“(a) build inclusion at the level of the individual, groups and society; (b) provide for basic human dignity, which includes at least basic human sustenance, freedom from tyranny, freedom of association, and basic human liberty; (c) provide a means for people to influence their governance; and (d) create the capacity for learning at the level of individuals, groups, collectives, governments, corporations, and society”. [29] (p. 78)
Like many others, Littig and Grießler have tried to create indicators to measure social sustainability [17]. Firstly, the indicators of social sustainability have to do with basic human needs and quality of life, and relate to individual income, poverty, income distribution, unemployment, education and further training, housing conditions, and health. Secondly, there are indicators relating to social justice and equal opportunity, and the third set of indicators connect to social coherence, and include integration in networks, involvement in social activities, tolerant attitudes, etc. However, social sustainability is not something one creates ad hoc. It demands a large reconstruction of society. Equity is based on the redistribution of wealth, which, in turn, is based on the reconstruction of power constellations in order to enable the elimination of social, economic and legal barriers that create social and economic hierarchies and thus marginalization [21]. A democratic society builds on empowerment and political and civil freedom [21]. A right for all to education, including sustainability education, is a part of this freedom. Sustainability education is not only value laden, it is also very context dependent, because of the character of all the sustainability dimensions.

2.2. The (In)distinct Character of Social Sustainability

Social sustainability’s indefinite connection to the other sustainability dimensions is a problem that makes it an unclear educational topic. There is no consensus on the hierarchy between the three dimensions of sustainability [17]. Therefore, social sustainability may be one of three equally important dimensions, or the most basic dimension, or a basis for the economic dimension, or something else. It is also unclear if the social dimension is analytic or normative [17].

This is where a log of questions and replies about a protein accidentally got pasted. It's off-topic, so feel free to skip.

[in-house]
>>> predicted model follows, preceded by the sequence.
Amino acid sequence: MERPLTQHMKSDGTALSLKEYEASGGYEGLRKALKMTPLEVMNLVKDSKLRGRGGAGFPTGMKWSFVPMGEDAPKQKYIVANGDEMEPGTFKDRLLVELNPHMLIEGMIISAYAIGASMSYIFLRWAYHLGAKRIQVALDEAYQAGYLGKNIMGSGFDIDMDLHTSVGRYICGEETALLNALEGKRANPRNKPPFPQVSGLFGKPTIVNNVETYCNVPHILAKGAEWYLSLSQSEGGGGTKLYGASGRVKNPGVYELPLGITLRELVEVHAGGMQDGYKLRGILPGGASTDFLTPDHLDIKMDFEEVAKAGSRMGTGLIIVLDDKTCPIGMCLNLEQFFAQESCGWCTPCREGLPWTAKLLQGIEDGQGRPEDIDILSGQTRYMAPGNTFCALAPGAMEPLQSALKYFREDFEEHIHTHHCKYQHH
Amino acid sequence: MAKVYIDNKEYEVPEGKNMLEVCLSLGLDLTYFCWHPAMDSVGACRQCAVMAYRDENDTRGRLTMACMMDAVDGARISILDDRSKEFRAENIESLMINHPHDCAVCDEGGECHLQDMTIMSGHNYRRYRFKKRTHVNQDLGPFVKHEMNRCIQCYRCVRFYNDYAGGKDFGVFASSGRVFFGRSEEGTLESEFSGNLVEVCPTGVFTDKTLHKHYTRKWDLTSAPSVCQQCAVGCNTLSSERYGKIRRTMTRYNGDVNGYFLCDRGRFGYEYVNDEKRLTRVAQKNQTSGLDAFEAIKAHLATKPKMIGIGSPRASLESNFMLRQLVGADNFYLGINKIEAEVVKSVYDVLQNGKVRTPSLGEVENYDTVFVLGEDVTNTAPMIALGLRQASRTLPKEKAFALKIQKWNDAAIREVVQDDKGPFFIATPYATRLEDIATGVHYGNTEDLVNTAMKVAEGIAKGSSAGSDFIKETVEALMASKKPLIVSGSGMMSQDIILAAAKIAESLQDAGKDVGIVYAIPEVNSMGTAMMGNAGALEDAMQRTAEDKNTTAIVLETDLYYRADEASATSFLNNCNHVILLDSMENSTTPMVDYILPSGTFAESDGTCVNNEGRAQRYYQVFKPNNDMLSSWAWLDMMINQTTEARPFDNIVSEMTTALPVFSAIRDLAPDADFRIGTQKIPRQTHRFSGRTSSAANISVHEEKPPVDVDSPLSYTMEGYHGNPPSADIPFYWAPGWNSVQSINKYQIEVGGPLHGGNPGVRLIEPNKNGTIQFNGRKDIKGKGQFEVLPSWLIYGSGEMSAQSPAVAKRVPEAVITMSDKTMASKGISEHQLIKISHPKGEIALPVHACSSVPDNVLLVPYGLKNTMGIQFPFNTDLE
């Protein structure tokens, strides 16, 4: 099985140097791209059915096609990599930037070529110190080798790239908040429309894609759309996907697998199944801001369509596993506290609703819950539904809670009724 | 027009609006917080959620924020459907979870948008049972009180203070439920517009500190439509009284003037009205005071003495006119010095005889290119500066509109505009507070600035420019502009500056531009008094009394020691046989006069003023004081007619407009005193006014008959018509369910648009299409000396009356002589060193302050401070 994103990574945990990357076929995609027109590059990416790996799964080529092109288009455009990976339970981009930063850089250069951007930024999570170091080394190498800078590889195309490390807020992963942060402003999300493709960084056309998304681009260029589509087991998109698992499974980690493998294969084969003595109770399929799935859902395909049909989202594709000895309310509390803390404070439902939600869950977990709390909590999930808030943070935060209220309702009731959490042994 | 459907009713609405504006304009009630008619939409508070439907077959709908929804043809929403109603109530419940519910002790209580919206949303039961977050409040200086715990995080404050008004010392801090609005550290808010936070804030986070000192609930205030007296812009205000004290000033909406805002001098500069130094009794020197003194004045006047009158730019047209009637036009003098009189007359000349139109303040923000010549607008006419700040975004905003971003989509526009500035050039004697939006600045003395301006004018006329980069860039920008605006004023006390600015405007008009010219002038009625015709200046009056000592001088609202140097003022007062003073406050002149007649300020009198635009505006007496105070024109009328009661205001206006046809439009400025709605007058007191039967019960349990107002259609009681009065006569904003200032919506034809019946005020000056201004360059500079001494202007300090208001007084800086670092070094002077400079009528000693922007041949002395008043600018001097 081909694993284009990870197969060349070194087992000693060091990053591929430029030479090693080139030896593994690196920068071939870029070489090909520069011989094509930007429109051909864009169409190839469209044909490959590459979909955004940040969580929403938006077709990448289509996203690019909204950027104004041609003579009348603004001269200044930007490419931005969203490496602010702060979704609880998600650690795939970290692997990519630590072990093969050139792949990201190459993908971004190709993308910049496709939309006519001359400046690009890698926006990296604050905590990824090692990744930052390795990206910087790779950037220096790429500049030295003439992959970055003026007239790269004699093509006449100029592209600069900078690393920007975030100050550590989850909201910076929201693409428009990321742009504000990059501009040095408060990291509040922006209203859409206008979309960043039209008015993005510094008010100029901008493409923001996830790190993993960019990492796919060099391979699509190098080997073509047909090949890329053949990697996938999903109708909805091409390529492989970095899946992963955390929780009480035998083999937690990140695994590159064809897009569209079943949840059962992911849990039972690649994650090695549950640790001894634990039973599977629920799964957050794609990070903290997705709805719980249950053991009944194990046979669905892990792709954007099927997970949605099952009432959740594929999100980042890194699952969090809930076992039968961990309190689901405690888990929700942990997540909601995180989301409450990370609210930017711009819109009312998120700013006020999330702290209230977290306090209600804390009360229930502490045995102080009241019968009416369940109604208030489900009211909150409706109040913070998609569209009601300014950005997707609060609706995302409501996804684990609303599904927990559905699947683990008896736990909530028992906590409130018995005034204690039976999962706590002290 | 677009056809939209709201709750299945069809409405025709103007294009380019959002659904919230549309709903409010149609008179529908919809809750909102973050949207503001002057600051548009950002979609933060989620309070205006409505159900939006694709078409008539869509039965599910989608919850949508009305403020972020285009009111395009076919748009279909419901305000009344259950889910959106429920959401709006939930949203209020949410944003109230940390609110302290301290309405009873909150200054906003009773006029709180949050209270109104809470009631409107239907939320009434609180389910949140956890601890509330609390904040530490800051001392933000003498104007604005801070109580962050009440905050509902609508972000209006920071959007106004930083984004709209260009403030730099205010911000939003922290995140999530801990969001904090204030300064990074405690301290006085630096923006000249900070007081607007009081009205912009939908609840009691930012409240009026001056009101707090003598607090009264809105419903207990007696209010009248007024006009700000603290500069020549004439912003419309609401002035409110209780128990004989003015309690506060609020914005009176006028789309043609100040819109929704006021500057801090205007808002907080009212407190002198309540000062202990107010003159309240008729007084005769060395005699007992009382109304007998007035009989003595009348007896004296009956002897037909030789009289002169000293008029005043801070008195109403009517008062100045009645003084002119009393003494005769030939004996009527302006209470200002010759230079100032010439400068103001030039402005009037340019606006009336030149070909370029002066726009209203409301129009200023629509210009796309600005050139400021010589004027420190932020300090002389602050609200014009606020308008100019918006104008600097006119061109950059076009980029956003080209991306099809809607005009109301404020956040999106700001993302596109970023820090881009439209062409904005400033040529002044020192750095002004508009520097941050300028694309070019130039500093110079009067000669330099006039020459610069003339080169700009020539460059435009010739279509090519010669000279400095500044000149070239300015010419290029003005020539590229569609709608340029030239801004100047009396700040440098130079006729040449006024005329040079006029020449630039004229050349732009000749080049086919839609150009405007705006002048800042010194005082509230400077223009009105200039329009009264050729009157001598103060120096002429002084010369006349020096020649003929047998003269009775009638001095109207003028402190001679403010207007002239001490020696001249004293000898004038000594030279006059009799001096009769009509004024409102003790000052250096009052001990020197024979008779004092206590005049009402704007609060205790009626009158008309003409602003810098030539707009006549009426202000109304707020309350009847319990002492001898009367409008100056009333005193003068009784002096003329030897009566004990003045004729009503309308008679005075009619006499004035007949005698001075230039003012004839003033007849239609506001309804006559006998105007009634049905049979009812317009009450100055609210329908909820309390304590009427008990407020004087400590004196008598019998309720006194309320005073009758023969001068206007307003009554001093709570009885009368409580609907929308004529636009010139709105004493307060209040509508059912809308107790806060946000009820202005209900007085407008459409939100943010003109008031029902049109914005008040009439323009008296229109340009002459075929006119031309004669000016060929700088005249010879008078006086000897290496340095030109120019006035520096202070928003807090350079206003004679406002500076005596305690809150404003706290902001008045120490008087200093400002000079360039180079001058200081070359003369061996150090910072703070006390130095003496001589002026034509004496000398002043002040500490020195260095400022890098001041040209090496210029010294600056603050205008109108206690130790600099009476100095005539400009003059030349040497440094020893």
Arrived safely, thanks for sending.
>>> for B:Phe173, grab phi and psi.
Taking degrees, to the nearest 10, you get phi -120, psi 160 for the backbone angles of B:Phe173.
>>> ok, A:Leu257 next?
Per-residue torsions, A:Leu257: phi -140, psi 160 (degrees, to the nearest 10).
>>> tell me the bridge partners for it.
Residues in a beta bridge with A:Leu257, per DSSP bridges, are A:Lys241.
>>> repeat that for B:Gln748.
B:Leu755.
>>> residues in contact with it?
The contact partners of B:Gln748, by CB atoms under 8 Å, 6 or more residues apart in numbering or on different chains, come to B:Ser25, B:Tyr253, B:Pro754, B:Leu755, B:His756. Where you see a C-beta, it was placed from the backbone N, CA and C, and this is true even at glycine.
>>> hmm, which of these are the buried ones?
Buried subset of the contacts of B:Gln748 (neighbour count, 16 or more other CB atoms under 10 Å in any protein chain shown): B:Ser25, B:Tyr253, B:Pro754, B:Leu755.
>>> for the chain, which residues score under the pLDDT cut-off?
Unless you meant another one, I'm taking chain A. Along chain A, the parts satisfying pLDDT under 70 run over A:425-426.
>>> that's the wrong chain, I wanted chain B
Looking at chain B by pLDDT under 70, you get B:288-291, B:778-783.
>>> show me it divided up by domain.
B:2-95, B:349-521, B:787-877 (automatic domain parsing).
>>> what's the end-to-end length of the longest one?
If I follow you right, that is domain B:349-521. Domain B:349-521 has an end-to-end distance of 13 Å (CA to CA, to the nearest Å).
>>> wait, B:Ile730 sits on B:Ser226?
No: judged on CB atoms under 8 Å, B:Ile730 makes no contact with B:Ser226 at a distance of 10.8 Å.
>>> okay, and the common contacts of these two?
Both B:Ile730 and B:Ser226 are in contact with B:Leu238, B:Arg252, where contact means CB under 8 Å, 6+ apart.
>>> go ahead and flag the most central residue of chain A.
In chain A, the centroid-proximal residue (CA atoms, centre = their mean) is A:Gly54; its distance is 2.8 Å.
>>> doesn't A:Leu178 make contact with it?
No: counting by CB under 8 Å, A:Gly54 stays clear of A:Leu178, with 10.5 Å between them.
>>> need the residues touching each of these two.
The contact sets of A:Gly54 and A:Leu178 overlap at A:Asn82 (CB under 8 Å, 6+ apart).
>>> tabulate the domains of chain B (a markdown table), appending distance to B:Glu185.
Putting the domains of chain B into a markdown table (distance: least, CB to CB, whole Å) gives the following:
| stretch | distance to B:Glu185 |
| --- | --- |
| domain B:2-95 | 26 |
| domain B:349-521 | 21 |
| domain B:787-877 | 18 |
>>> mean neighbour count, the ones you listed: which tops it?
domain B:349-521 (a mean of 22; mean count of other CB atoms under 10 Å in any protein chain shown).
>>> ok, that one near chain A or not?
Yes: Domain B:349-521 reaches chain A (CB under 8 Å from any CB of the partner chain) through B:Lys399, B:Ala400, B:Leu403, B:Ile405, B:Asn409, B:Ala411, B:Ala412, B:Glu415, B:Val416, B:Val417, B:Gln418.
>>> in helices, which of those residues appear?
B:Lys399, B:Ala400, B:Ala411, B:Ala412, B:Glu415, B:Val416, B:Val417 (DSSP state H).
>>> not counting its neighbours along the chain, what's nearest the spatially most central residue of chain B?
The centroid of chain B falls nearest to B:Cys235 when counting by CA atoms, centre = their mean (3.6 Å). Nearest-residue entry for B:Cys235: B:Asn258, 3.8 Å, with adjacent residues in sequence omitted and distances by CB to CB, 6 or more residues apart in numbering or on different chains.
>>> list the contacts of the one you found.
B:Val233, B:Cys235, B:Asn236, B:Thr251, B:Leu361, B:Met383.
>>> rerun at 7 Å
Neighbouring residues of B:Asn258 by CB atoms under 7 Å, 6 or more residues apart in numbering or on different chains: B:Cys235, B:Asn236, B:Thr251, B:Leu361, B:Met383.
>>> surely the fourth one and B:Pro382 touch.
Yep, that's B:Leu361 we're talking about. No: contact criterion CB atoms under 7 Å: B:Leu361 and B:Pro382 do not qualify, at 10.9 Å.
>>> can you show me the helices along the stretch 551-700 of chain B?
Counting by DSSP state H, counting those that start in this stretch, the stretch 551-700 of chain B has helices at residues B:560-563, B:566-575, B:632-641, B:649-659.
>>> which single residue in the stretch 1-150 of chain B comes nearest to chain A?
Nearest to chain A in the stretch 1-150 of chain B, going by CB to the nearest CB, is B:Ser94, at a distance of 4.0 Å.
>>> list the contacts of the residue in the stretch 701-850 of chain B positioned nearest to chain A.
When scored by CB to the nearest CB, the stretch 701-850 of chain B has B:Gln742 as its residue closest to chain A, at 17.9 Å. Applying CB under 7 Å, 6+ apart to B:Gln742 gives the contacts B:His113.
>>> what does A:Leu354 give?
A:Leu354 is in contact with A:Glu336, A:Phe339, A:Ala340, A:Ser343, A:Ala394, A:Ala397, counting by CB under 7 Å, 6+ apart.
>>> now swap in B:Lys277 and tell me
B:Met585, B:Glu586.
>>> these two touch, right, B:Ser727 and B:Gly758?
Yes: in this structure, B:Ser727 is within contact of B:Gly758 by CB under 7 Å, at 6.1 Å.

The social dimension of sustainability includes both procedural aspects, which means how to reach the goals, and substantive aspects—that is, what to do [18]. However, these aspects are intertwined and relate to the other sustainability dimensions. The ecological dimension is often the foundation upon which the social and the economic are built [17]. Walsh suggests that the environmental dimension is the most important dimension in less developed countries [30]. To build his arguments, he employed Maslow’s hierarchy of needs, grounded in psychology, combined with Porter’s value chain theory, grounded in strategic management. Basic physical needs depend on vital ecosystems. Fresh water supply, clean air, physical health, shelter and food are the most crucial elements, and these come before higher order human needs. For this reason, investments also must address social and economic circumstances with ecological sustainability as the basic aim. However, the hierarchy levels are mixed since, for example, water supply is connected to power constellations and equal rights and is therefore a political distribution problem. The social and the ecological dimensions interact, so improvements in one dimension trigger improvements in the other. For example, an ecologically sustainable society leads to less working hours, and more gender equality [17]. The opposite can also be a fact. Liberal politics have become the norm, even if they have caused unsustainable planetary and economic transformations that, in turn, have led to inequality both within and between nation states [8].